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NC - Cape Hatteras National Seashore Crafts Beach Nourishment Plan

Turbulent seas long have created problems for Cape Hatteras, a long barrier island off the North Carolina coast that is home to the country's first national seashore. Pounding waves and storm surge related to hurricanes and nor'easters shift beaches around, and even erase them.

Turbulent seas long have created problems for Cape Hatteras, a long barrier island off the North Carolina coast that is home to the country's first national seashore. Pounding waves and storm surge related to hurricanes and nor'easters shift beaches around, and even erase them.

Decades of those natural processes have meant dune erosion and almost annual repairs to the highway that runs down the scenic island that lures beachgoers, surf casters, and summer vacationers.

Against those impacts, a plan by Cape Hatteras National Seashore has been approved to allow state and local governments to haul in sand from the seabed, when needed, to buttress the island against storms. It's a 20-year plan that could somewhat disrupt wildlife and marine life, but which includes about 13 miles of beach to serve as a control of sorts against which to measure the impacts of dredging or pumping up sand and dumping it onshore.

"It's a great plan, and the reason that it is, is this is an opportunity, without a permit on my desk, to kind of sit back and say, we know these projects have some beneficial impacts. We also know they have some negative impacts," said Cape Hatteras Superintendent Dave Hallac. "If we were able to design a series of conditions, mitigations, to ensure that these projects in the future really minimize all the negative things and really maximize the beneficial impacts, what would the framework look like? And that's what we did."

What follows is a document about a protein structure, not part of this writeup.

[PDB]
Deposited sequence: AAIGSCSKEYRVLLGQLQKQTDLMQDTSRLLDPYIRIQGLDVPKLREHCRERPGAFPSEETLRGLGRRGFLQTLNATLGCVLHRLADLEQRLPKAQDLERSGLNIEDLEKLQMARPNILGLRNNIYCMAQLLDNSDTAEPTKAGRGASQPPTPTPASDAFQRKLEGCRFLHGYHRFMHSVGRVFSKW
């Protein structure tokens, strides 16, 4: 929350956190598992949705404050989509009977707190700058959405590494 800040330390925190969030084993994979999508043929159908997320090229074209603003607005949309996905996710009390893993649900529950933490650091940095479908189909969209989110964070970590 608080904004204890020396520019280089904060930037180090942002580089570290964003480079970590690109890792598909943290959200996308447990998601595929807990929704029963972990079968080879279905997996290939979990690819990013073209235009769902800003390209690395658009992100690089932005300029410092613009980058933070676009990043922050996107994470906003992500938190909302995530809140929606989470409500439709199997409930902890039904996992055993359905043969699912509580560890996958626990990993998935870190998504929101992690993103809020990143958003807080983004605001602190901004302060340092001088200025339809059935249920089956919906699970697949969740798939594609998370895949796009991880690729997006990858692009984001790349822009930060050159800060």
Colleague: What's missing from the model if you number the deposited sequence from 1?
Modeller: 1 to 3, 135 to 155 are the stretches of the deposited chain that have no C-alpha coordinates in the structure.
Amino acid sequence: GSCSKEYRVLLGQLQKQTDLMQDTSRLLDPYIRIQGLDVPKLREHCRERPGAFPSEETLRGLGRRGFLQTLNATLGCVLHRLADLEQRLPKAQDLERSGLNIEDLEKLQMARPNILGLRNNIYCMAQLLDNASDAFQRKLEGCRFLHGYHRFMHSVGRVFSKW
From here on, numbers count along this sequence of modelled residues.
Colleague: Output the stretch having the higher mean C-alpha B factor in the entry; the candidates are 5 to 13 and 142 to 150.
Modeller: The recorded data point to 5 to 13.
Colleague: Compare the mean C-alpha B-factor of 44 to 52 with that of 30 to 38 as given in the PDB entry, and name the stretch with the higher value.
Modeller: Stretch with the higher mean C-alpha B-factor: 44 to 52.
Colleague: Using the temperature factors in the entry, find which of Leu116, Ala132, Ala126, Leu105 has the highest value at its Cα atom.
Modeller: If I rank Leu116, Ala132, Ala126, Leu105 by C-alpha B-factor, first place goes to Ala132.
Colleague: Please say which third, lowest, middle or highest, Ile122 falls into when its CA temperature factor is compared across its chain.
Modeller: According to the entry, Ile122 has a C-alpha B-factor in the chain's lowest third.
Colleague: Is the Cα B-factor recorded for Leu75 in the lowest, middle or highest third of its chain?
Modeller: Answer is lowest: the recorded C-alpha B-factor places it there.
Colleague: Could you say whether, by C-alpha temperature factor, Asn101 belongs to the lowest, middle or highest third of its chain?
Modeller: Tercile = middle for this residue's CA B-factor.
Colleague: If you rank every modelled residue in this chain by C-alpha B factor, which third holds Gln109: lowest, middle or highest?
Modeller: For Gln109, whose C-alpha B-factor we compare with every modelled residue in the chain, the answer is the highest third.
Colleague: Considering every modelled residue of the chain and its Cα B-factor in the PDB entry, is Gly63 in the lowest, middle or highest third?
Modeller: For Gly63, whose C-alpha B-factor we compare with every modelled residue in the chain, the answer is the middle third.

But it also might be viewed as folly to some, as barrier islands by their very nature move about, and the growing potency of the Atlantic hurricane season could erase any beach nourishment work in a matter of days.

"The story here really is the pressure is being put on that particular park by development that surrounds it," said Rob Young, director of Western Carolina University’s Program for the Study of Developed Shorelines. "Left to its own devices, that superintendent would not really be very interested in putting beach nourishment sand on any of those beaches to try to hold the shoreline in place. The Park Service in principal has a policy to allow natural processes to find their own way.

"But the problem is you have all of these communities around the park, the park does not control the road, Highway 12, and so there's a lot of pressure to hold the shoreline in place where there is civilian infrastructure, resort homes and where the road is," he continued. "And so, I think Dave Hallac was worried that he and his staff would be spending the next 10-15 years just going through the NEPA (National Environmental Policy Act) process of approving or disapproving requested beach nourishment projects from communities like Avon and Buxton and from the state of North Carolina for Highway 12."


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